Apparently Flavio never gets tired of smashing his drums like a maniac, which is the case in Unable to Discern, an imposing Death Metal tune that feels at times like a “Death Metal Opera” (if that exists, of course), where Gregorio keeps vociferating rabidly and deeply in a true lesson in extreme music by this evil triumvirate from Argentina. Then get ready to slam into the circle pit to an avalanche of violent and technical sounds in Over the Asphalt of a New Era, with Gregorio and Walter extracting thunderous lines from their stringed weapons and, therefore, generating some unstoppable action for our avid ears and bodies. As you might have already noticed, there’s no time to breathe in Aberrant Calamity, with the dark, headbanging massacre entitled I’m Jonah, Sacrifice Me, led by Gregorio’s sharp riffs (and who also screeches like a demonic entity, by the way) sounding inspired by the greatest of the genre like Morbid Angel, Death and especially Prion’s neighbors Krisiun; whereas Pathological Self Destruction starts as obscure as possible, suddenly exploding into vile and infernal Death Metal where Flavio is once again precise and berserk on drums, generating a Stygian atmosphere perfect for Gregorio’s deep roars.

Are you tired already? Because there’s still more pulverizing Death Metal sounds made in Argentina for our total delight starting with Observed Relativity, showcasing a demented performance by Flavio on drums supported by Walter’s metallic bass, recommended for crushing your damned skull into the circle pit. The Hesse Paradox is another solid and demented display of extreme music brought forth by the trio, spearheaded by the scorching riffs by Gregorio while Walter and Flavio show no mercy for their instruments, sounding visceral and disturbing just the way we like it. And closing the album on a demolishing note to the detailed and potent beats by Flavio we have Slow Down, a song about our society’s cult of rush (“We live in the age of speed. / We strain to be more efficient, / to cram more into each minute, / each hour, each day of the existence.”) that will leave countless bodies on the floor after all is said and done.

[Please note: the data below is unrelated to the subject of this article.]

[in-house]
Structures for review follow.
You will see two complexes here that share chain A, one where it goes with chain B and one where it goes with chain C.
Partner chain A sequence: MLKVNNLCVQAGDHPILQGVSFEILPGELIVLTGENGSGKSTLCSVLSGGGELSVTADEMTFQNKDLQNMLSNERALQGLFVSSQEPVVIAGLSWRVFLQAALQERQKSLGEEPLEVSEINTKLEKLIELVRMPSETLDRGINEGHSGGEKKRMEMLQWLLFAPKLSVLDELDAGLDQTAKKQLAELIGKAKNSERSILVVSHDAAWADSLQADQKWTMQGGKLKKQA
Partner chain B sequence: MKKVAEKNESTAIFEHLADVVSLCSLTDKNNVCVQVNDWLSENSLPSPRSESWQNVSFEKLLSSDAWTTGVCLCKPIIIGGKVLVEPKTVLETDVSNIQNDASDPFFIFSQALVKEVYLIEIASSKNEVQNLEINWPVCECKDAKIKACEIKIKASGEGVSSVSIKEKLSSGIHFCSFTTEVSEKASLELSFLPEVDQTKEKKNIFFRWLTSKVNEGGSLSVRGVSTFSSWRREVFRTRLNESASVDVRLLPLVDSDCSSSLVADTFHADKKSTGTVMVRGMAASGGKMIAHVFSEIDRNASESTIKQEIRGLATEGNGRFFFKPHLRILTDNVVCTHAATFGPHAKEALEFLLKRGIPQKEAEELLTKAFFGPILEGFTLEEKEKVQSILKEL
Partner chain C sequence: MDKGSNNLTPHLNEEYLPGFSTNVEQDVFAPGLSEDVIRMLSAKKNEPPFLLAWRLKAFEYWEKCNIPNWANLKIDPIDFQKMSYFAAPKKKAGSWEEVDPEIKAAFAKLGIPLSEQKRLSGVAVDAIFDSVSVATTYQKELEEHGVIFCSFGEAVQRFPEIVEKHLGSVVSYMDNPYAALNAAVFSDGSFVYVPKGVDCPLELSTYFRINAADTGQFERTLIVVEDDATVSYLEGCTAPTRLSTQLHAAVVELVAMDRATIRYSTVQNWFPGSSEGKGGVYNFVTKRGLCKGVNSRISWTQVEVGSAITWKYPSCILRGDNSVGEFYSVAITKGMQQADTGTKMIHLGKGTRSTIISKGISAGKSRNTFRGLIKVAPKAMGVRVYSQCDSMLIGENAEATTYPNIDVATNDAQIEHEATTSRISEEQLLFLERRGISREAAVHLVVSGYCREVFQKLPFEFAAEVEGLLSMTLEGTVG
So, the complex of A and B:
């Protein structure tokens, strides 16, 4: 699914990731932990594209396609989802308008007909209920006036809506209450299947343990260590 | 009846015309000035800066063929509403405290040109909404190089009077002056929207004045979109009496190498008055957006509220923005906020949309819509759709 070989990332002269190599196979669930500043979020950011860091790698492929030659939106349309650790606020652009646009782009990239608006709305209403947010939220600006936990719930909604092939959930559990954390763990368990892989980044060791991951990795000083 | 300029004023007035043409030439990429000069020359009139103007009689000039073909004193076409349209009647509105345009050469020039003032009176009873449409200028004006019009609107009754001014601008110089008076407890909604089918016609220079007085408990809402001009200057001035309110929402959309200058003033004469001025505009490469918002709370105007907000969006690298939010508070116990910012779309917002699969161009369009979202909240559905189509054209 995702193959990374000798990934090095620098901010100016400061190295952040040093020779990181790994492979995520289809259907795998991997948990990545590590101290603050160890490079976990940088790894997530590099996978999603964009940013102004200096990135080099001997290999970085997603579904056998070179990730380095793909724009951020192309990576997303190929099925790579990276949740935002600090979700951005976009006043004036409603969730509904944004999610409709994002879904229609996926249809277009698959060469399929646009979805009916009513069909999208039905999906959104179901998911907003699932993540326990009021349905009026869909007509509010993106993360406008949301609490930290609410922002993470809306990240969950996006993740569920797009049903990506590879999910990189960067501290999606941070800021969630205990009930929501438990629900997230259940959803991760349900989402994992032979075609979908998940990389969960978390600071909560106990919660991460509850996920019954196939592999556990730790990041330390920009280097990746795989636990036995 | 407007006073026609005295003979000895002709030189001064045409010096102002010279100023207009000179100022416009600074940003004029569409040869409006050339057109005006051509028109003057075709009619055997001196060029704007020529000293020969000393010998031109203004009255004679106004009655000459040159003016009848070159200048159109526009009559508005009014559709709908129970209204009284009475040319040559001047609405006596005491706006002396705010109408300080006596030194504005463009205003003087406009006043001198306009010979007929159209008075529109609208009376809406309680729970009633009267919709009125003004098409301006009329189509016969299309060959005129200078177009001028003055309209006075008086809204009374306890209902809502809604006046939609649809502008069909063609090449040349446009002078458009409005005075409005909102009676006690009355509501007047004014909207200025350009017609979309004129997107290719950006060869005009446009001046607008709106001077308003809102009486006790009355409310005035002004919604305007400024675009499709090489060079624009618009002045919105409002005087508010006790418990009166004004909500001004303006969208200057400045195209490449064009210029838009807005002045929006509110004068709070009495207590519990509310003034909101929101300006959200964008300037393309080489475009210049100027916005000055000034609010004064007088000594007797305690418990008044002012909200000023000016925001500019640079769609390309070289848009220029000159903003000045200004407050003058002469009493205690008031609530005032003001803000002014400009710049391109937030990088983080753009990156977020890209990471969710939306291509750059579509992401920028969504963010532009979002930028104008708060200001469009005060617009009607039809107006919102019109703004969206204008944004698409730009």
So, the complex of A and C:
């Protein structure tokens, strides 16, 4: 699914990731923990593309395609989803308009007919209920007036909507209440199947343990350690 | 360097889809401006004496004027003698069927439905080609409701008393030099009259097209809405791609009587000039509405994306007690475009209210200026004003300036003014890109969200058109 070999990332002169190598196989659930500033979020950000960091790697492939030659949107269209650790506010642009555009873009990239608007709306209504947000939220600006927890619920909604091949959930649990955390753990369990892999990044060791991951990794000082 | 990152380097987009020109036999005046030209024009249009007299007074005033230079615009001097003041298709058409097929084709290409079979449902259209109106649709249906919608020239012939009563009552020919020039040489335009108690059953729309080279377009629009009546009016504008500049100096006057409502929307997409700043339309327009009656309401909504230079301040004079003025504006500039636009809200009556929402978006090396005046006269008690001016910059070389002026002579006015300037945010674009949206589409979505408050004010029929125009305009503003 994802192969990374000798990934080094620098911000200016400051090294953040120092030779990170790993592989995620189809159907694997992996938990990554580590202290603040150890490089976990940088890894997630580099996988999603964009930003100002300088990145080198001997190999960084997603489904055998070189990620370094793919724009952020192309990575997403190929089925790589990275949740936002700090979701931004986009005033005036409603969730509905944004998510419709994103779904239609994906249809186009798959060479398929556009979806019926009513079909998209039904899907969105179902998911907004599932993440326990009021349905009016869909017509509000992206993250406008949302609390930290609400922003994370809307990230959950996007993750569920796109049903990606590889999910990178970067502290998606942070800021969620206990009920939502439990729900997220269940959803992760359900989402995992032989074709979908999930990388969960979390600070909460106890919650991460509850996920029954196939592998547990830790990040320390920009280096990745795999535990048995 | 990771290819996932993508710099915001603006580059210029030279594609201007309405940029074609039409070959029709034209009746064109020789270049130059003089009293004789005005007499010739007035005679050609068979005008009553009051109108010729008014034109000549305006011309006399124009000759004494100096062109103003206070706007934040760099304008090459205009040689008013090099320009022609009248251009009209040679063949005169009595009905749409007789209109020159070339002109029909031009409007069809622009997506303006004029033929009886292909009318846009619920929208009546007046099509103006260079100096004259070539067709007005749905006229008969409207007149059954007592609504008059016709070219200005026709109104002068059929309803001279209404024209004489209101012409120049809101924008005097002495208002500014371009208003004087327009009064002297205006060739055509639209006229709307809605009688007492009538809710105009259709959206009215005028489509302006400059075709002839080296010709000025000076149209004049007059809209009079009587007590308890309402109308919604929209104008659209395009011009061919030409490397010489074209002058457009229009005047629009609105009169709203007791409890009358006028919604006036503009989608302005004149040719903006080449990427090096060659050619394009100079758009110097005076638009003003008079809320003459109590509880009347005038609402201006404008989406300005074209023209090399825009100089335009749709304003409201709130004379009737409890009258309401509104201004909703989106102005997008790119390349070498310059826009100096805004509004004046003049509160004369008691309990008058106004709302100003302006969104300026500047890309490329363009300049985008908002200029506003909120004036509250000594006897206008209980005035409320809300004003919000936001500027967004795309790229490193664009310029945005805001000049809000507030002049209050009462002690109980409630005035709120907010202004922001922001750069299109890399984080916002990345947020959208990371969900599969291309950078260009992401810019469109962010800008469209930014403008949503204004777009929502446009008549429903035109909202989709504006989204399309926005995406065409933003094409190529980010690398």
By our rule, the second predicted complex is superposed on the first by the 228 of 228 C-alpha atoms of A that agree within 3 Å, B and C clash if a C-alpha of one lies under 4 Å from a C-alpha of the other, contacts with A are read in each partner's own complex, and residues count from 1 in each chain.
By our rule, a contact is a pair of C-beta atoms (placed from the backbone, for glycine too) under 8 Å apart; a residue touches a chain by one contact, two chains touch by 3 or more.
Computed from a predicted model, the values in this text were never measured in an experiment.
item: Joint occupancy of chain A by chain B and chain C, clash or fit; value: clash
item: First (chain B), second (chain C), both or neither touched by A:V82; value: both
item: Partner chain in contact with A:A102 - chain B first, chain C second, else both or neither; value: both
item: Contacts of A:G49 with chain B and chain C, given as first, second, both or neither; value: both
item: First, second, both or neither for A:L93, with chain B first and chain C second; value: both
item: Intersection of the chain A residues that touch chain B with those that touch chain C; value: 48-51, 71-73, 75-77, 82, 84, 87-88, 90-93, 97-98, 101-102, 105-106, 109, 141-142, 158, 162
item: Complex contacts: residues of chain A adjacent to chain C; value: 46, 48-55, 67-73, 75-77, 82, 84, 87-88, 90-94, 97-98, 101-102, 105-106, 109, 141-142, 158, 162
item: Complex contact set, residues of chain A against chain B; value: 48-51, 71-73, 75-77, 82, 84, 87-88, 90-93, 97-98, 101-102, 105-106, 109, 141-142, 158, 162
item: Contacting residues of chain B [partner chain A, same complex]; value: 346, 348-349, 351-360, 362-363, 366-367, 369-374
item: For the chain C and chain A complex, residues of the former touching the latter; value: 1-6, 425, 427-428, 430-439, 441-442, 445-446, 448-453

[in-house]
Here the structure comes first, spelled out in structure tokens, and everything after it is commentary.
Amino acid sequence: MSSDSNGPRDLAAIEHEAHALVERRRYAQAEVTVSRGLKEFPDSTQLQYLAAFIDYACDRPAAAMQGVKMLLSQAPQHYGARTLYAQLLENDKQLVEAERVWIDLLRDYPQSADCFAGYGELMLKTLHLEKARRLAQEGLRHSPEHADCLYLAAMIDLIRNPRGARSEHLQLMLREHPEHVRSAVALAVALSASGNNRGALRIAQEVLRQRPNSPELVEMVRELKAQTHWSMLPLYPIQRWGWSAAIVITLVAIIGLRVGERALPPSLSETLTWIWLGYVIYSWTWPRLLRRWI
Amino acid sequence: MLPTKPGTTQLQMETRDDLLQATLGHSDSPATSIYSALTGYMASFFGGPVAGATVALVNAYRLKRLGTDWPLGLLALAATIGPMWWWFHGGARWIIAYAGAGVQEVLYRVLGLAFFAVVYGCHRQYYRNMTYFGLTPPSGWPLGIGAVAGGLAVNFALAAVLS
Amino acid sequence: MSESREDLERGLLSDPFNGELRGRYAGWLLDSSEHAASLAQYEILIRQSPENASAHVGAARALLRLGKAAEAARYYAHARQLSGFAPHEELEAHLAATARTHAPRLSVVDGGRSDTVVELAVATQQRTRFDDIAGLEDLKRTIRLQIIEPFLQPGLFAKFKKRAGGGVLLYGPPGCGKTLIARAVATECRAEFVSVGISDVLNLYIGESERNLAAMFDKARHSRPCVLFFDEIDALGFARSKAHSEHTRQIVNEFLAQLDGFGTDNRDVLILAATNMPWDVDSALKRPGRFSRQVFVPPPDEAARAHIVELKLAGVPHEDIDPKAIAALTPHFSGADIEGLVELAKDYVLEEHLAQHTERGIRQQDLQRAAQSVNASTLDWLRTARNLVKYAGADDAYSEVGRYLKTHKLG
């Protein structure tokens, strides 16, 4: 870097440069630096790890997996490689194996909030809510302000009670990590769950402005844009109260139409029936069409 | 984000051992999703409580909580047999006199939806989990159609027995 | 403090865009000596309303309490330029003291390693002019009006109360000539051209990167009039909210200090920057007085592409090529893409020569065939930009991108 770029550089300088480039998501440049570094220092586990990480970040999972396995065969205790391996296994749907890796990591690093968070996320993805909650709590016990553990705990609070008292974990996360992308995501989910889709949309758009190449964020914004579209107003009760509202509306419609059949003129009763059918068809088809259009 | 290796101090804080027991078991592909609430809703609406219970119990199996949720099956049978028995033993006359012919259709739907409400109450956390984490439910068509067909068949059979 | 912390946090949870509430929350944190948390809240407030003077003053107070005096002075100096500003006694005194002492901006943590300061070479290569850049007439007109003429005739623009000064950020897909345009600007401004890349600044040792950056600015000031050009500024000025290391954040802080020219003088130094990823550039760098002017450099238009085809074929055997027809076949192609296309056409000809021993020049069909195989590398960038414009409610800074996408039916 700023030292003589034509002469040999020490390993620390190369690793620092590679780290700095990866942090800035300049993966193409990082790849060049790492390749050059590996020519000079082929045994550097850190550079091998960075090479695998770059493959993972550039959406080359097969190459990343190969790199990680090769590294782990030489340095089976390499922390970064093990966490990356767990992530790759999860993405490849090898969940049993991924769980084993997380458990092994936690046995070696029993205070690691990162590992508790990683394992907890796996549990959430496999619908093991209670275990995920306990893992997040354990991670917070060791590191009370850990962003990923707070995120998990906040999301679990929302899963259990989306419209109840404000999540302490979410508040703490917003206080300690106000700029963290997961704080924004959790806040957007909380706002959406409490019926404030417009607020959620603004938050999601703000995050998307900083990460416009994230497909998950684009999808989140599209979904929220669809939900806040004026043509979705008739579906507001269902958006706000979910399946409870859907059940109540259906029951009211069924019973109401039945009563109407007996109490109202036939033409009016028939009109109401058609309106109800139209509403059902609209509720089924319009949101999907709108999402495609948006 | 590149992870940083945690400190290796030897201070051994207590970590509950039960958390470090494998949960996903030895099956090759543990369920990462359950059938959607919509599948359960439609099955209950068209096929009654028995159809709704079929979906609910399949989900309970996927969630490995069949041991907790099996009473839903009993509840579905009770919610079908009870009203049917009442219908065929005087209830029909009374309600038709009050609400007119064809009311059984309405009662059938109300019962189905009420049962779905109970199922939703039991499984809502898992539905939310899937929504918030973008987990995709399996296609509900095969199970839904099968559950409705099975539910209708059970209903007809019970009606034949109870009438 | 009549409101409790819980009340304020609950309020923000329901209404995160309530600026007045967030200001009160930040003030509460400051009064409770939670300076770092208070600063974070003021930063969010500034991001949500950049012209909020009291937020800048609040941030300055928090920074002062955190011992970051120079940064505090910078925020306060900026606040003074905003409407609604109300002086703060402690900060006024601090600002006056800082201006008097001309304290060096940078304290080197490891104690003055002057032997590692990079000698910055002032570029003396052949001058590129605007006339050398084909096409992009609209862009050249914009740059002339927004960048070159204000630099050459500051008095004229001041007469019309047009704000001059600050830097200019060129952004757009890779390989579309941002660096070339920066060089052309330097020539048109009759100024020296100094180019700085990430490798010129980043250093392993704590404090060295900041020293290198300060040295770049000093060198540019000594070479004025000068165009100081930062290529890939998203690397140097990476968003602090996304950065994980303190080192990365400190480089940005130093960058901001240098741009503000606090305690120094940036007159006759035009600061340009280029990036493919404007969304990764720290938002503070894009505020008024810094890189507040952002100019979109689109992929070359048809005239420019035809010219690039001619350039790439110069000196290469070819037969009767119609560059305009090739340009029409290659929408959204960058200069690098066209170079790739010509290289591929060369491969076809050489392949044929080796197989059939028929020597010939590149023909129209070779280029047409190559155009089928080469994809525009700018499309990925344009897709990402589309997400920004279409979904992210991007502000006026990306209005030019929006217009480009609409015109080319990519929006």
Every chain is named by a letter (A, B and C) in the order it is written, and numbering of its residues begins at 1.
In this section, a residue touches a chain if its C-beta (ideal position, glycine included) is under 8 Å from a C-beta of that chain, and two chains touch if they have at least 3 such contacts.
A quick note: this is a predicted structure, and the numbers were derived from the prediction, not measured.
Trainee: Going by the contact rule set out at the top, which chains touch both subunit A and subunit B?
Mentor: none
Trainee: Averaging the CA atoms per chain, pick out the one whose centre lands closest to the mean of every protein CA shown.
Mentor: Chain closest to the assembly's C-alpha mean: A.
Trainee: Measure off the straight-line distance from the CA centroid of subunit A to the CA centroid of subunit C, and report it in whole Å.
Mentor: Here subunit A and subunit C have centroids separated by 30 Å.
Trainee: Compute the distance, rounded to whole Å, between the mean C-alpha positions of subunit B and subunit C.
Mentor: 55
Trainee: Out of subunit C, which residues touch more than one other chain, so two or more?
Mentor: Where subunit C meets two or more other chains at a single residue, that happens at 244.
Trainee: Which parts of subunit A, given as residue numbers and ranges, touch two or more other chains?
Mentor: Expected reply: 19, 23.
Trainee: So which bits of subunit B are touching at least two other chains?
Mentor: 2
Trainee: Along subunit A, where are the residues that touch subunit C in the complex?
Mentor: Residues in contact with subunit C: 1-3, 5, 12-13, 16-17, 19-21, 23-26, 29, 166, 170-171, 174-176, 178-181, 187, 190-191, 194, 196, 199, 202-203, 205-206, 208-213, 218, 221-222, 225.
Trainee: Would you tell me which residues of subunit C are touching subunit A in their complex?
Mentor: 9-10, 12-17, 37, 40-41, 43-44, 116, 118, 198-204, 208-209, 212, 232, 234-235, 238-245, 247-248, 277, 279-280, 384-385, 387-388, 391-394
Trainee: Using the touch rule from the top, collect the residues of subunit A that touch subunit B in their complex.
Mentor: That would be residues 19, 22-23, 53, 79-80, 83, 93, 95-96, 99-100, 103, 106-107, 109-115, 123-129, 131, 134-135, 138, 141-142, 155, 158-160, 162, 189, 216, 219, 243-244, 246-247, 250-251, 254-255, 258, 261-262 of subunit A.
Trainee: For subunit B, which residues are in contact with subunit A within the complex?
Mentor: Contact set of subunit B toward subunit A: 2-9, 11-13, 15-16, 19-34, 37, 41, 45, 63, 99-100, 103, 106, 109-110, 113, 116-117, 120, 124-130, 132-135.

If I were you, and especially if you’re an admirer of the pulverizing sounds of old school Death Metal, I would definitely take a good listen at Aberrant Calamity in full on YouTube or on Spotify, follow the band on Facebook, subscribe to their YouTube channel, and buy a copy of this fantastic album of Argentinian Death Metal from the band’s own BandCamp page or from Comatose Music’s BandCamp or webstore, as well as from Apple Music, Amazon or Discogs. There’s a very good reason why Prion have been proudly carrying the flag of classic Death Metal high for decades already, and that’s simply because those talented and obstinate Argentinian musicians breathe and live Death Metal, with Aberrant Calamity representing their boiling blood flowing through their metal hearts.

Best moments of the album: Irreversible Ways, Unable to Discern and Pathological Self Destruction.

Worst moments of the album: None.

Released in 2019 Comatose Music

Track listing
1. Fictitious Form of Stability 4:33
2. Irreversible Ways 4:33
3. I Remembered to Breathe 5:12
4. Unable to Discern 4:36
5. Over the Asphalt of a New Era 4:09
6. I’m Jonah, Sacrifice Me 4:47
7. Pathological Self Destruction 4:28
8. Observed Relativity 5:10
9. The Hesse Paradox 4:33
10. Slow Down 4:40

Band members
Gregorio Kochian – vocals, guitars
Walter Barrionuevo – bass
Flavio Coscarella – drums